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Uber and Lyft Plan To Take Fight Against AB 5 To The Voters

Uber and Lyft, along with other companies at the center of the gig economy, are preparing to spend their own money on ballot measures to protect their interests

Rideshare companies Uber and Lyft are planning to spend 60 million dollars to keep their drivers classified as independent contractors.

Rideshare companies Uber and Lyft are planning to spend 60 million dollars to keep their drivers classified as independent contractors.

According to the San Francisco Chronicle, the tech giants are working to fight Assembly Bill 5, written by Lorena Gonzalez of San Diego, that would turn gig-drivers into employees. There’s only about two weeks left in the legislative session, so tech companies are trying to make deals with labor officials and legislators to find an alternate description for drivers that would provide some employee protections and minimum pay.

If they can’t agree to revise the bill, Uber and Lyft, as well as food delivery service DoorDash, are planning to use a 90 million dollar fund to put the issue on the November 2020 ballot. If you work for Uber, Lyft, or DoorDash, we want to hear from you. Call 866-893-5722.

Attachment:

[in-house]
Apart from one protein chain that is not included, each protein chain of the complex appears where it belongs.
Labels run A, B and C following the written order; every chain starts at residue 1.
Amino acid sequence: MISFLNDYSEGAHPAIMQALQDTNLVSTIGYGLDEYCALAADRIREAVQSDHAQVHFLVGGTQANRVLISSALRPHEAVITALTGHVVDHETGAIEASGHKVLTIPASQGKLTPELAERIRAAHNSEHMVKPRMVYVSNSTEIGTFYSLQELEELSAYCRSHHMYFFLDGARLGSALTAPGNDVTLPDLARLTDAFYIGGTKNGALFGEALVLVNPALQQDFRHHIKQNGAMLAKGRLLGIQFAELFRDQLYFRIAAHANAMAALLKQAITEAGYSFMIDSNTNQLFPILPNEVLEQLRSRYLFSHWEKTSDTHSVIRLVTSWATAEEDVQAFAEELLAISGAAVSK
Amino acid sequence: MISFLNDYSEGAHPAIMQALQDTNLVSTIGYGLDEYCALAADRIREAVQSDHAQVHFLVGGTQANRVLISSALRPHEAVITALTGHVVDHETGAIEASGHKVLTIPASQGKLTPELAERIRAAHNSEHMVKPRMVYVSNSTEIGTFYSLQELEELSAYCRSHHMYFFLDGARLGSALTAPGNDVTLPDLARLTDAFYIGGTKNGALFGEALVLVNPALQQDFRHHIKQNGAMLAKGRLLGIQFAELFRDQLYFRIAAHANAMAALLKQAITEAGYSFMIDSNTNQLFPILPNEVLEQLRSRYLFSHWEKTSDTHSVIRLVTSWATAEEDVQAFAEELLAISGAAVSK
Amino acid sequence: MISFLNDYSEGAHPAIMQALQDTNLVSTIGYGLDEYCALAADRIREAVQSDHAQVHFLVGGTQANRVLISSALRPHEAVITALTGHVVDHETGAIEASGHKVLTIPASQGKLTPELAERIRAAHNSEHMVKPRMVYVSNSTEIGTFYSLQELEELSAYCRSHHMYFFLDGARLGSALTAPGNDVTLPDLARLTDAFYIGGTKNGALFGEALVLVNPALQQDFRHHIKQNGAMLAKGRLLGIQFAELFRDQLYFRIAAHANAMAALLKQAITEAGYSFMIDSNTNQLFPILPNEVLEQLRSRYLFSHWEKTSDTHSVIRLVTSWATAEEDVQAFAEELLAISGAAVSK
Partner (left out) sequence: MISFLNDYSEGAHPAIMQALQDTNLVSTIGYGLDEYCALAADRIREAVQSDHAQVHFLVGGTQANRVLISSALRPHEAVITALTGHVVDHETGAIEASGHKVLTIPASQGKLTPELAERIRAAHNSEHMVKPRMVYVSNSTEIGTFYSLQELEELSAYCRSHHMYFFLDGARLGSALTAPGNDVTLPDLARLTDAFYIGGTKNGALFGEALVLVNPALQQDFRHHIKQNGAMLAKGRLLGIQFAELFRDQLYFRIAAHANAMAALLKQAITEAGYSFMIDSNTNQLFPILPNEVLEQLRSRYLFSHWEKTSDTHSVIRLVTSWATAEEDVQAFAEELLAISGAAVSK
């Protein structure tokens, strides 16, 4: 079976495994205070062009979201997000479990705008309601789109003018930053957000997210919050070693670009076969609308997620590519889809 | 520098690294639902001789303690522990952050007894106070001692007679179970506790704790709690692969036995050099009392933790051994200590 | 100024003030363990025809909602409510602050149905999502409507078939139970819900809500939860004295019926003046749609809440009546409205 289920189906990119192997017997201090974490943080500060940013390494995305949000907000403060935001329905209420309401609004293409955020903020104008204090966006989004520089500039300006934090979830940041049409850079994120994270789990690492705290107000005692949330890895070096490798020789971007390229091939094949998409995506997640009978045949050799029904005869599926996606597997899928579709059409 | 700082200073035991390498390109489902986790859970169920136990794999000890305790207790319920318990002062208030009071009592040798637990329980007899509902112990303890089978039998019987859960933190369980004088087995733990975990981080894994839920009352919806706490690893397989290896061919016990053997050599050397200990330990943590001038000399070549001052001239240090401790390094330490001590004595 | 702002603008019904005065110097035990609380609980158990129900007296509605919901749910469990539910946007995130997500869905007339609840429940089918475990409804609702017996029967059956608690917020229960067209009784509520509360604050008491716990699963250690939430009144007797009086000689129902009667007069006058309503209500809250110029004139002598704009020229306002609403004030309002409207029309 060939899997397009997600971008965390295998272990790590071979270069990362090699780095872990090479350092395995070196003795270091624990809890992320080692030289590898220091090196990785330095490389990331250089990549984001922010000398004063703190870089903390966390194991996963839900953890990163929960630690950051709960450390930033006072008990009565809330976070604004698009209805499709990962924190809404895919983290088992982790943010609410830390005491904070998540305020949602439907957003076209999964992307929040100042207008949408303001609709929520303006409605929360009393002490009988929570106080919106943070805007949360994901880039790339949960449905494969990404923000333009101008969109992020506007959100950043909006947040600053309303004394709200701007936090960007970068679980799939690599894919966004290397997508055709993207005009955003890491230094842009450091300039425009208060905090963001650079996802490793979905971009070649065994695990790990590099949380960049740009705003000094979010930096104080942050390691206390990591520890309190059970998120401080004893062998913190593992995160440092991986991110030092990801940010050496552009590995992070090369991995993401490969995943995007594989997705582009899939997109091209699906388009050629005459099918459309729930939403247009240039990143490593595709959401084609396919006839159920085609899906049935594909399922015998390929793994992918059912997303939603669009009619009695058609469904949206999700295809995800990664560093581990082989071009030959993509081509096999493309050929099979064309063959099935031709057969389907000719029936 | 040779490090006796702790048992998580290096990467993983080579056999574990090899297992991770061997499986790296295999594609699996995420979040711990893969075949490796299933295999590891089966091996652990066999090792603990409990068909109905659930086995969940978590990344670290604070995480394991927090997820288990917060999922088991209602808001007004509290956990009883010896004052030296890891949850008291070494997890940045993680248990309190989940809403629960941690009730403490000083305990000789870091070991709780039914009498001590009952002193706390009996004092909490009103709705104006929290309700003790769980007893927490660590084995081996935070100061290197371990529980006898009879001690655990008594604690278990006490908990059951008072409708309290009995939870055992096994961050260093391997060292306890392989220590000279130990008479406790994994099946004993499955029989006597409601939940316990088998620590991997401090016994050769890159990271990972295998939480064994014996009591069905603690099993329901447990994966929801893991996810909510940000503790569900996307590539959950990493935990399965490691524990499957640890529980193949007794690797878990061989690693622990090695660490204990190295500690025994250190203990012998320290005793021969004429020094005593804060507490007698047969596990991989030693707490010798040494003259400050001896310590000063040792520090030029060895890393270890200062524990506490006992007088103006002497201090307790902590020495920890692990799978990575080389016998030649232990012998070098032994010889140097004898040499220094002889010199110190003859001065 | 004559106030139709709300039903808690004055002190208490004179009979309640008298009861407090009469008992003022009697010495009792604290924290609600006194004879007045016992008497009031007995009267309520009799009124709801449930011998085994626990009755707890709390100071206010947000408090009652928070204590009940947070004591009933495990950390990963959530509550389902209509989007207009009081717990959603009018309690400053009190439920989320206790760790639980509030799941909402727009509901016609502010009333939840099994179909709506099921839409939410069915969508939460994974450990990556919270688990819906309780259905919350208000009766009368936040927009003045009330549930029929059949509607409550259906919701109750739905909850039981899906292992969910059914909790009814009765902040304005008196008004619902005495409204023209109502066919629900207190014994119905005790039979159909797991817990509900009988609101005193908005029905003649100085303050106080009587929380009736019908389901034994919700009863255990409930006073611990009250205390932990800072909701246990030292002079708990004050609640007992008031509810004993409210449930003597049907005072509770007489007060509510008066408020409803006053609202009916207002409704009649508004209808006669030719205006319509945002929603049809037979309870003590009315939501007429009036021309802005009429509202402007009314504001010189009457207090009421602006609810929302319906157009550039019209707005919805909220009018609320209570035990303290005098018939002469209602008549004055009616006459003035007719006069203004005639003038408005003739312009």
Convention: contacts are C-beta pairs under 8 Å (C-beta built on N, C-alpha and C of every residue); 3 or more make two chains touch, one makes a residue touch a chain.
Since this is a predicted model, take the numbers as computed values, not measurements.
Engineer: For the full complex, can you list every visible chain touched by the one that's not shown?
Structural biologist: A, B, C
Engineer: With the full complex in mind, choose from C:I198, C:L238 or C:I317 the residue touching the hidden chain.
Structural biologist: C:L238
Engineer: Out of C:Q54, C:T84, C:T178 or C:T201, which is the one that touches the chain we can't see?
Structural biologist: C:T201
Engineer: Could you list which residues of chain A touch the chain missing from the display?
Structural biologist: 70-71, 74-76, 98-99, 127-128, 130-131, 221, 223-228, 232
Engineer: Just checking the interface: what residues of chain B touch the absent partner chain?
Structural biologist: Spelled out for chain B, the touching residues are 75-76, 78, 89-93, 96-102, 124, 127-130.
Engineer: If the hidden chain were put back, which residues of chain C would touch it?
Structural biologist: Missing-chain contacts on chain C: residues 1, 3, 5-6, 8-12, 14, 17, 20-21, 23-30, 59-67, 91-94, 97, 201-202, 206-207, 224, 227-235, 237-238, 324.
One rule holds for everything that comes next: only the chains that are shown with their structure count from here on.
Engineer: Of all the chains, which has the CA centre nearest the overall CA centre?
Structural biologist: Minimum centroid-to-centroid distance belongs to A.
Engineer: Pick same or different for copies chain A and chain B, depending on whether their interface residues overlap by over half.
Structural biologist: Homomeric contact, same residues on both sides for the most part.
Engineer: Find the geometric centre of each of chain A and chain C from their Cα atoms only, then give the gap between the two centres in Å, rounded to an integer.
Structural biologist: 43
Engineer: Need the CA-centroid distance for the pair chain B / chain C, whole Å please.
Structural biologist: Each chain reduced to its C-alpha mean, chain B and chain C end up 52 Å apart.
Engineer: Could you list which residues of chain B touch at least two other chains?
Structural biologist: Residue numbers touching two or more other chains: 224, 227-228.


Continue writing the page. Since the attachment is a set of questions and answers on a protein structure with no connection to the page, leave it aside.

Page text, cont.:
***We reached out to Assemblymember Lorena Gonzalez (D-San Diego) who authored AB 5 and also Governor Gavin Newsom. They both cannot join us today****

We reached out to Uber, which declined our interview request but sent this statement:

“Right now, California lawmakers and labor leaders have a historic opportunity to dramatically improve the quality and security of independent work, strengthen the 21st-century labor movement, and protect our innovation economy by acting on the proposal Uber has proudly set forth: a guaranteed minimum earnings standard that would provide stability for drivers while allowing them the flexibility to earn more and work when, where and for whom they choose; access to robust portable benefits like sick leave and injury protection; and — for the first time in the modern history of the labor movement — real sectoral bargaining rights for drivers, giving them a voice in the decisions that affect their livelihoods. While we continue to advocate for this progressive framework, circumstances are forcing us to plan for legislative inaction by laying the groundwork for this initiative.”


Carolyn Said, business and technology reporter for the San Francisco Chronicle, she covers the gig economy and tech, she tweets at

Steve Smith, communications director, California Labor Federation, an association of some 1,200 unions in the state based in Oakland

Joe Rajkovacz, director of governmental affairs & communications for the Western States Trucking Association (WSTA)

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